By Mariam Mokhtar
Although a distance of over 300 miles separates Bukit Merah, a suburb of Ipoh and Gebeng, outside of Kuantan, these two industrial areas have one thing in common.
They will be connected by rare earth technology, which most people have never even heard of until the recent protests in Kuantan and the nuclear disaster which followed the tsunami in north-eastern Japan.
These obscure elements are the magic ingredients in almost everything that make our modern lives possible. Rare earth elements power our computer screens, iPhones, catalytic converters and low energy light bulbs.
Memories of Bukit Merah
Gebeng will soon acquire a new RM700 million rare earth plant which will generate radioactive waste and which many people and environmentalists say, have revived memories of Bukit Merah – Ipoh’s own environmental disaster.
In 1979 the federal government authorised the establishment of a rare earth plant in Perak. Asian Rare Earth Sdn Bhd (ARE), a joint-venture between Mitsubishi Chemical Industries Ltd, Beh Minerals, Lembaga Urusan dan Tabung Haji and several bumiputera entities began operating its plant off Jalan Lahat in Bukit Merah in 1982.
In 1984 residents of Papan signed a petition against ARE to the federal government. They took to the streets to protest and organised a hunger strike. Experts visited the Papan dumpsite and declared it unsafe with radiation up to 800 times the accepted level.
The man behind the protest was Hew Yoon Tat, a butcher at the Bukit Merah market. Hew heads the Perak Anti-Radioactive Committee. He was among those who were incarcerated under ISA in the infamous Op Lalang of 1987.
In 1992 the plant was ordered to shut down by a High Court order. Although an appeal to the Supreme Court was pending, ARE decided to cease operations in 1994.
Sadly, not many Malaysians are aware that Bukit Merah and its radioactive waste problem still exists. To Ipohites, the fiasco is like a recurring nightmare.
Nuclear Waste in Perak
Last year, the government proposed the construction of two nuclear power plants in Malaysia. Former premier Dr. Mahathir Mohamad disagreed with the decision and reported that “a small amount” of nuclear waste was buried in Perak.
Mahathir said, “In Malaysia, we do have nuclear waste which perhaps the public is not aware of. We had to bury the amang (tin tailings) in Perak, deep in the ground. But the place is still not safe. Almost one square mile of that area is dangerous.”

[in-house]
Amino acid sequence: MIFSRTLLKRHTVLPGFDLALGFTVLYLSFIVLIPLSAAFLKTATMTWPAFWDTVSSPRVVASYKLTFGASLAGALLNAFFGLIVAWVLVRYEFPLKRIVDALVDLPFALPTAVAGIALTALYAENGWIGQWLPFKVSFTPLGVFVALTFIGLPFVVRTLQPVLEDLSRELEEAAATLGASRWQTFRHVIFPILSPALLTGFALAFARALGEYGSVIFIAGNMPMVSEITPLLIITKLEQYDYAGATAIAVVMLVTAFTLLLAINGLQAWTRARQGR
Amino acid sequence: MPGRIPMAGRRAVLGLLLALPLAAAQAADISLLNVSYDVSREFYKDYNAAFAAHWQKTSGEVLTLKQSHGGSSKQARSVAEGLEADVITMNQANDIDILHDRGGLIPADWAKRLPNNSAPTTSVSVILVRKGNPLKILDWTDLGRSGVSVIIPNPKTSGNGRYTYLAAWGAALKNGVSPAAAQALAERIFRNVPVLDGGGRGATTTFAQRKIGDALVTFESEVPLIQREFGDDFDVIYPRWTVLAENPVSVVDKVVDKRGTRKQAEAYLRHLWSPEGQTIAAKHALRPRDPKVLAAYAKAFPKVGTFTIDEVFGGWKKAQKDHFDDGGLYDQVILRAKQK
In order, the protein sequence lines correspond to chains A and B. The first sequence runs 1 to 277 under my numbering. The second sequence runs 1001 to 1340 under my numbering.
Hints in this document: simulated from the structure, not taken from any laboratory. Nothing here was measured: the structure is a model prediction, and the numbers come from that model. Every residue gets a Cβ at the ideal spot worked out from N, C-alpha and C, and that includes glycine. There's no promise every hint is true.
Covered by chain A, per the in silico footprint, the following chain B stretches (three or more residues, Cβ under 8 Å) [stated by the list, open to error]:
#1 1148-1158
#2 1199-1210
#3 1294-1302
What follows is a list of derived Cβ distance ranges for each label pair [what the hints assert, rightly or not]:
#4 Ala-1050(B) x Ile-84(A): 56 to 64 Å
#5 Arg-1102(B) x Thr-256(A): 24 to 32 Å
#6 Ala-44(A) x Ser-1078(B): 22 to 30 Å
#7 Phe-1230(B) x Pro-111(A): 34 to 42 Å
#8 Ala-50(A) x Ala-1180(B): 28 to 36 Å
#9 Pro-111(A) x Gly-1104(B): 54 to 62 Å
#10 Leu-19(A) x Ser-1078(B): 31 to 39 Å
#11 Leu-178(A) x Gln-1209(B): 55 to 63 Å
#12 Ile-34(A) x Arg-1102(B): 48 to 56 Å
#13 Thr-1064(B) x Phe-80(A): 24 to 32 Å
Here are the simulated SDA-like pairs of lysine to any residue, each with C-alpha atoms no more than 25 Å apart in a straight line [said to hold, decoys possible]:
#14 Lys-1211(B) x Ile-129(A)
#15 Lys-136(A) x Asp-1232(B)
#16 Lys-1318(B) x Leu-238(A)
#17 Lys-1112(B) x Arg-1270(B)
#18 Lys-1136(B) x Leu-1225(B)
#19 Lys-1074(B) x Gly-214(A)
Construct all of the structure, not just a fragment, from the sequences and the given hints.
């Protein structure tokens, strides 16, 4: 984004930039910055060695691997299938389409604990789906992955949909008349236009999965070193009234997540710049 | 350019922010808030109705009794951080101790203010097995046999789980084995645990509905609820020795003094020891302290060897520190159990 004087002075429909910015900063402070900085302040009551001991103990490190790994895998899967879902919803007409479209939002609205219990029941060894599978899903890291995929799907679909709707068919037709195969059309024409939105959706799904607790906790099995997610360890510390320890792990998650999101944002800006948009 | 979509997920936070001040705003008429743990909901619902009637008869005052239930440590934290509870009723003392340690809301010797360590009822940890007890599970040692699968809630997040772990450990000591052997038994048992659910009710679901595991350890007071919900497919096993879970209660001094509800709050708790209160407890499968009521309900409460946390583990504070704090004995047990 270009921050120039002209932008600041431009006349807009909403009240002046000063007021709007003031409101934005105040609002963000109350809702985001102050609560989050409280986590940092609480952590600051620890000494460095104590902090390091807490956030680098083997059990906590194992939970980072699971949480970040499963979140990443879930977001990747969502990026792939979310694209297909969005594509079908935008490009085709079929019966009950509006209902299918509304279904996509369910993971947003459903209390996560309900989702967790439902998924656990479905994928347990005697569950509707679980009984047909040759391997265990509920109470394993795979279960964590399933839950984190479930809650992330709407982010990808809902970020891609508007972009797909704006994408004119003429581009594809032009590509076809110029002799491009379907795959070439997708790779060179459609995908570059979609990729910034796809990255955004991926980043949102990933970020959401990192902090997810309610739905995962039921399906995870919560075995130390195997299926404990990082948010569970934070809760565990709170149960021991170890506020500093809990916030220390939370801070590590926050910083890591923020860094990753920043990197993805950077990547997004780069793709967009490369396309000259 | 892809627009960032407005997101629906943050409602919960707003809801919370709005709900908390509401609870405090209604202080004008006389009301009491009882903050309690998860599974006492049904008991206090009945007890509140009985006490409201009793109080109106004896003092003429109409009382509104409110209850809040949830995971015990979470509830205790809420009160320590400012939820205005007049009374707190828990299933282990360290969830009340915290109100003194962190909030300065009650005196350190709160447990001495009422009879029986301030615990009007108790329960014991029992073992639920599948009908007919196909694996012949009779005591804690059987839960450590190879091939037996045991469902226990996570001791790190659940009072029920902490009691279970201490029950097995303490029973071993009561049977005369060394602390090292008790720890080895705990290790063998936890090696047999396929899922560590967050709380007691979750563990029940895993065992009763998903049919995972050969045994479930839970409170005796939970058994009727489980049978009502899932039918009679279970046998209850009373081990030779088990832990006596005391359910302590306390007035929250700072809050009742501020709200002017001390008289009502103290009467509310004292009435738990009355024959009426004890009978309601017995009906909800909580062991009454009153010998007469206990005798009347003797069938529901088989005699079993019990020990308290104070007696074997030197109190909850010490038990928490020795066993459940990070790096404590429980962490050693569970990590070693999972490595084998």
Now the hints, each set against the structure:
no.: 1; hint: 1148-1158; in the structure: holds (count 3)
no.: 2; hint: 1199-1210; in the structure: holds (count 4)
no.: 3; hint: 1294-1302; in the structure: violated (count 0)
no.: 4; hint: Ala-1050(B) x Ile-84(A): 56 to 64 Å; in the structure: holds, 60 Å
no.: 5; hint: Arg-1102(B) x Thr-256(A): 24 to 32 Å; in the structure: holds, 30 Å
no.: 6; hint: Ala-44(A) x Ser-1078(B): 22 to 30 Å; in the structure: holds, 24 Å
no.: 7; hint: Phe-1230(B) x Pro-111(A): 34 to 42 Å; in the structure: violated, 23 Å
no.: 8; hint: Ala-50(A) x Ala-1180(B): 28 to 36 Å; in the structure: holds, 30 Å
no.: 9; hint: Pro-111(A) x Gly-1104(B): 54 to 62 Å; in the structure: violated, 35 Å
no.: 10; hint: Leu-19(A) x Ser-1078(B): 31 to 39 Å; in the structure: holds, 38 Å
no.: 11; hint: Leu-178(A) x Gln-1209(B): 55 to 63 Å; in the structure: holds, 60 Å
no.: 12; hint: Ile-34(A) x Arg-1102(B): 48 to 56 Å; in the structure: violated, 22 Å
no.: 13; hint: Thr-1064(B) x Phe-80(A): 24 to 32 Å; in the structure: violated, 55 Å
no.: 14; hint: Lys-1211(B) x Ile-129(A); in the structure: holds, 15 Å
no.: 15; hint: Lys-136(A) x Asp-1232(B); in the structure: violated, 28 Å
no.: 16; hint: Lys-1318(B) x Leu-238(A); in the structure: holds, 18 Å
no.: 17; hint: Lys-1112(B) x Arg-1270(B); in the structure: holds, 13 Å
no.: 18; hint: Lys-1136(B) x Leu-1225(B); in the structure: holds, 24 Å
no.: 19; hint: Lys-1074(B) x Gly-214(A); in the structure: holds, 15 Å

The waste, incidentally, is not amang but contains thorium hydroxide. ARE extracted yytrium from monazite, one of the minerals found in amang for use in high technology products. The thorium hydroxide is produced in the production process. Both monazite and the waste contain thorium, which has a half-life of 13.9 billion years. It is going to be around for more than just a few generations of Ipohites. Worse still is that cancer-causing radon gas is released during decay.
Higher Incidence Of Cancer
A private practitioner, Dr. T. Jayabalan, found that in 1984, 13 children from Bukit Merah had leukaemia and there was a high number of cancer cases among the 11,000 villagers.
In a survey carried out in Bukit Merah, he discovered that the number of miscarriages in the village was high, well above the national average. Tests on a sample of 60 children revealed high levels of lead in their bloodstream. Jayabalan’s medical findings were submitted in the villagers’ 1985 suit in the Ipoh High Court. The findings were dismissed by the presiding judge.
The Papan-Pusing-Siputeh Anti-Radioacative Waste Dump committee chairman Low Tong Hooi said that Mahathir’s statements were alarming: “Why is it only now that he has admitted the radioactive dump is dangerous? In 1984, he maintained that the poorly constructed trenches for the waste in Papan were safe”.
Low claimed that Sahabat Alam Malaysia, Consumer Association of Penang and the Environmental Protection Society of Malaysia sought expert help from USA, UK, Canada and Japan to declare the factory and the dump unsafe.
Too Little Too Late
However, the government ignored these recommendations and only started a decommissioning and decontamination exercise in 2003 and 2005. Finally, in January 2010 work began on the building of a proper underground storage facility.
So should we not be alarmed by our unresolved Bukit Merah problem, and the one Gebeng will soon see?
Back in 1984, Mahathir’s radioactive waste came from a company approved by the government to process rare earth. He assured us that everything was all right. The Ipoh judge even dismissed any allegations of cancer-causing chemicals. Today, Mahathir sings a different tune. Something must have pricked his conscience.
Should we believe the Australian company, Lynas Corporation when it tells us that Gebeng’s radioactive waste is safe? Why have the Australian people rejected their own mining company’s safety assurances, despite its billion-dollar money-making potential? Are we that gullible?
Are we simply greedy and is our government risking the rakyat’s lives and a destruction of our environment?
Ipohites endured much suffering. Perhaps Gebeng can learn from the experiences of Ipoh’s radioactive folly.
It is just like the Environmental Protection Society of Malaysia president Nithi Nesadurai said, “As we are observing now in Japan, the waste is a sitting time bomb.”